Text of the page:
Wednesday, March 12, 2014

New Player Perspectives: Session 1

[New Player Perspectives is the ongoing story of my non-gamer girlfriend's introduction to Magic.]

Freyja prefers to jump in and figure a game out for herself, so I only spent about ten minutes explaining before we started. (I suspect this is a common trait- few people are willing to spend the 25+ minutes it would take to thoroughly explain all the phases, card types, etc.) She chose the W/U deck. We played with hands revealed for the first game, and I did a fair bit of explanation of what spells she could cast and why. Happily, it turned out to be an extremely close and exciting game. She won from 2 life.

The only concept which Freyja actually misunderstood at first was that attacking with a creature does not require paying its mana cost again. Besides that, there was the issue of remembering to untap before drawing. She also tended to use incorrect terminology: "using" creatures instead of "attacking", for example.

What do I take away from this? Well, I'd love to hop in the TARDIS and tell Richard Garfield to put the draw phase before untapping. Since drawing a new card is the part of the turn that carries the most new information, it's what people naturally want to do first. 

The other important observation is that terminology overload is a huge danger. At the very minimum, a new player needs to be conversant with the following game terms: tap, untap, land, creature, spell, attack, block, power, toughness, damage, destroy, library, graveyard, and battlefield. That's not counting terms that are pre-loaded from other card games (hand, draw, discard) or even the most basic keywords (flying, enchant). That's a lot of words! It really drives home the cost of terminology, and makes it clearer to me why adding keywords, especially evergreen keywords, shouldn't be done lightly.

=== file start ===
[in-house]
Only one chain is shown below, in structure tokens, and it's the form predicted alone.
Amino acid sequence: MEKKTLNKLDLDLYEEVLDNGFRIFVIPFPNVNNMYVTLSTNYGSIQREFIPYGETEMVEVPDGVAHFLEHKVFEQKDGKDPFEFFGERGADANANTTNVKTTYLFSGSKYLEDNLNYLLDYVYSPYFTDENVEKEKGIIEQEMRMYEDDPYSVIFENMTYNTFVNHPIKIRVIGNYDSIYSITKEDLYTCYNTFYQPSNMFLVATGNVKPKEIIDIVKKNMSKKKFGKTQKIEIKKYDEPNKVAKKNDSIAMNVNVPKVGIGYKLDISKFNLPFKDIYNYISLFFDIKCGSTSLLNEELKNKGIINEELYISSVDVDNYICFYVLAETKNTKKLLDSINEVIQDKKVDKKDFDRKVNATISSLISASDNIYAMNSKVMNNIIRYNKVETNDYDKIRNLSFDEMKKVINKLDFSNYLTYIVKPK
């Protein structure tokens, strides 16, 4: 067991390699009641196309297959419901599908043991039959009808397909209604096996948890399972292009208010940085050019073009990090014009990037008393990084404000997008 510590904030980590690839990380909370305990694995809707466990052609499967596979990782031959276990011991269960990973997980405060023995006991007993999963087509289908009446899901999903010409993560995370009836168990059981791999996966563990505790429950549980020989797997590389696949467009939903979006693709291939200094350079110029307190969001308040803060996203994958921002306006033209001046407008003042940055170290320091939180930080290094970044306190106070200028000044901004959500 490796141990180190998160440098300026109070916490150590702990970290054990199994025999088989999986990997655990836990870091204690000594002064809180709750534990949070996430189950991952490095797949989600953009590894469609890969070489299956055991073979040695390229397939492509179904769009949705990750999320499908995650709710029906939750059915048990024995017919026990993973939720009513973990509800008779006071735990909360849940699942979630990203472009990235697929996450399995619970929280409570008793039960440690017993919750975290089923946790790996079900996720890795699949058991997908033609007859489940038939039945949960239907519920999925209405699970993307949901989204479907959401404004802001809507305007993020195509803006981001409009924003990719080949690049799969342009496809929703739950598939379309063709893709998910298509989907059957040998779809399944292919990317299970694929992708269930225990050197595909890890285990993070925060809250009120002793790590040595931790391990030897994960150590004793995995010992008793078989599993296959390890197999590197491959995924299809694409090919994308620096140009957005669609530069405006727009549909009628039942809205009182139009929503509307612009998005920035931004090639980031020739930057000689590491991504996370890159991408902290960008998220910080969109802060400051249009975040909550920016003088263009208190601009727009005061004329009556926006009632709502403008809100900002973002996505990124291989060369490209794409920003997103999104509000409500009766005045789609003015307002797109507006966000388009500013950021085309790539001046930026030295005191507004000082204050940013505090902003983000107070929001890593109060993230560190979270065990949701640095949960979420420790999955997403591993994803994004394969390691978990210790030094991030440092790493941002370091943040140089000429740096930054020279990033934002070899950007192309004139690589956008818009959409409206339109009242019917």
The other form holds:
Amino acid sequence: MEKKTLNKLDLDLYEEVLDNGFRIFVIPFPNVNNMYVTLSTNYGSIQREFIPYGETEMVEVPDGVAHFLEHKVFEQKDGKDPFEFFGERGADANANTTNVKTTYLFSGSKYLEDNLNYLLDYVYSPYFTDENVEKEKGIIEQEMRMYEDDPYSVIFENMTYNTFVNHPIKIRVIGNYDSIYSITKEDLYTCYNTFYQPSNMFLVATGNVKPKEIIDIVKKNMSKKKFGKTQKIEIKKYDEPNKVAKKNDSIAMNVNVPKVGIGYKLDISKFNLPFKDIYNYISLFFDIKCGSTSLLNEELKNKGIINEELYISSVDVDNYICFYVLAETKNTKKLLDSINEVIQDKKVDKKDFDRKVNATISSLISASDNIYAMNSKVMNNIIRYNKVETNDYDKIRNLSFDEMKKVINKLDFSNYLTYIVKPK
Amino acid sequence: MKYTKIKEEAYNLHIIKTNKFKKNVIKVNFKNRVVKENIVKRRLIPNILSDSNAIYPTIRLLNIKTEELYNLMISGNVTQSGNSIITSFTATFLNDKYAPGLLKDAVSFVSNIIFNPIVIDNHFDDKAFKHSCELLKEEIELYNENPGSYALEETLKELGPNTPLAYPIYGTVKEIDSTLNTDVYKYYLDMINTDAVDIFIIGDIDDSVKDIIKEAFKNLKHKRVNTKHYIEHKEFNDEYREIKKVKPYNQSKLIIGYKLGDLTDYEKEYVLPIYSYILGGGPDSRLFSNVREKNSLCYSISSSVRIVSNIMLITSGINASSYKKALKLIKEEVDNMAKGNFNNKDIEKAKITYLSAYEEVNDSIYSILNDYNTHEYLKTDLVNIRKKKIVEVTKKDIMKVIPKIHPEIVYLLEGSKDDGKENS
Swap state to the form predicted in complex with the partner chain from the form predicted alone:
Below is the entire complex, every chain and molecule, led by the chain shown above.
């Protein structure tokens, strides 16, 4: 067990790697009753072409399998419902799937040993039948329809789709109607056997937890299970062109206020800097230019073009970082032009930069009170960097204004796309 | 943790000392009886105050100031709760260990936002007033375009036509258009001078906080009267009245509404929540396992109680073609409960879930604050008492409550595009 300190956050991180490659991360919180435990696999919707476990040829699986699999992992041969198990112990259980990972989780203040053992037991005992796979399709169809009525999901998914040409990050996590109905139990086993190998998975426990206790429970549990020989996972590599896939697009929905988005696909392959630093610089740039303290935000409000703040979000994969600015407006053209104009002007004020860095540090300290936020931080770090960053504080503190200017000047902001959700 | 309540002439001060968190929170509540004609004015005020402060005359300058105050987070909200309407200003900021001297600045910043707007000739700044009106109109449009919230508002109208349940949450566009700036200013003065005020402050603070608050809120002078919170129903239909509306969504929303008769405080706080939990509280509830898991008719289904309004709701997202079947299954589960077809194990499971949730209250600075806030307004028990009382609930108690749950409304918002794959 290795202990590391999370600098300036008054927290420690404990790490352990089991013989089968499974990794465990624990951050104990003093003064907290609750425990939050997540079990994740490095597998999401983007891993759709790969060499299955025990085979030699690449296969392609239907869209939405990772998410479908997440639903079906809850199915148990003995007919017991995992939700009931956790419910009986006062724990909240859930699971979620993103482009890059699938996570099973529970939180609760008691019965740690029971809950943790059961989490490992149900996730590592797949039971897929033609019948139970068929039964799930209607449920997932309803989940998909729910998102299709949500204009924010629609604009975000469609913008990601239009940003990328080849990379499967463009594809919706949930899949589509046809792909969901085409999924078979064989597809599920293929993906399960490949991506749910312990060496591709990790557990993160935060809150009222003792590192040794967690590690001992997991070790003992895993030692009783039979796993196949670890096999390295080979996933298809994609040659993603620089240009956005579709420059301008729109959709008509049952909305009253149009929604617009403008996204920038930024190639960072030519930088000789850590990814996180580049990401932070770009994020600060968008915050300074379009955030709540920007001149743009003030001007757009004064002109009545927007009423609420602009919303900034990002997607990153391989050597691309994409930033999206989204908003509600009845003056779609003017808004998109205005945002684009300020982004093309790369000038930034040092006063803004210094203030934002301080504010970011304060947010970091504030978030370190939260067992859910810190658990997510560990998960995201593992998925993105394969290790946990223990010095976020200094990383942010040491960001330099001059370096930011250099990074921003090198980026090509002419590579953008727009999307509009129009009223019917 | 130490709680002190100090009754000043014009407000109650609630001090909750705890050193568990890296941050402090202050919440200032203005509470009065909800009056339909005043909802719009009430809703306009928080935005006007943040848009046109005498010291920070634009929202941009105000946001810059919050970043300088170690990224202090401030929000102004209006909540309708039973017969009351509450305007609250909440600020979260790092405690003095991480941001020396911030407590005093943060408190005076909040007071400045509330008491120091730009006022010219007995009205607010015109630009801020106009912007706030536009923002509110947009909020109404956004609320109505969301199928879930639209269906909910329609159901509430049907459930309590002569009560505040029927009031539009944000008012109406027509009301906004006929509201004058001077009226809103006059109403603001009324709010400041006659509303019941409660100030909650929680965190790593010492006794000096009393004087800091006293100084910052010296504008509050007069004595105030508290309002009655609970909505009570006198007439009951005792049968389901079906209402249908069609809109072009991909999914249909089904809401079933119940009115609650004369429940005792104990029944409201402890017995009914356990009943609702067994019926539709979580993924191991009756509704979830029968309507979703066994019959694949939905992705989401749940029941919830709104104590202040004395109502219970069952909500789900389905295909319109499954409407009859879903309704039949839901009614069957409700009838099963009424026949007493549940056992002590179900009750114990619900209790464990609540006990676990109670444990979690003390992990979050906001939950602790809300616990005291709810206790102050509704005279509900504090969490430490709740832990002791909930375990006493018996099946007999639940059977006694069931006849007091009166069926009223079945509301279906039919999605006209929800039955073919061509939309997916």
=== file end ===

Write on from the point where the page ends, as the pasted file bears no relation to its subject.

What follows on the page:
Lastly, since Freyja didn't grow up playing card games, she's quite bad at shuffling. It's pretty hard for an experienced spellslinger to remember just how difficult and time-consuming shuffling can be. To me, this really highlights the importance of keeping shuffle effects out of common whenever possible.

Here's a transcript of our post-game interview, with some of my observations interspersed.

What did you enjoy about the first game of Magic?
I really liked the artwork. I really liked that the cards were easy to decipher, so once I learned how to read them it was like, "Cool, I can go."
Can you be more specific about how they were easy to decipher?
What type of card it was, the numbers at the bottom, the life [toughness] and... I can't remember the terms. The concept was easy to pick up on even though there was a bit of terminology that I didn't quite master.
As expected, the words "power" and "toughness" didn't quite stick.

What did you not enjoy about the game?
It was unclear how much strategy... I wasn't sure how successful I was going to be, and I didn't know how to predict whether a strategy would be successful or not, because I didn't know how to predict what you would have.
This is one of the downsides to any complex game: at first sight, a player won't have enough experience with the system to understand strategy. NWO shortens the learning curve so that players can start making meaningful decisions early in their experience.

What was the favorite card of yours that you played?
Probably Rebuke.
'Cause it wasn't that expensive, and I was like, "Ha! Take that, you [CENSORED]."
Is there anything sweeter than casting your first removal spell? Perhaps not.

What was the least favorite card of yours?
It was really hard to use Stealer of Secrets. It seemed like a really good card because you could draw a card, but its strength wasn't very good, because it was difficult to defend it. I felt like it was really good for you to get rid of, so it was hard for me to make use of that.
What about cards that I played? Were there any that you particularly feared or didn't fear?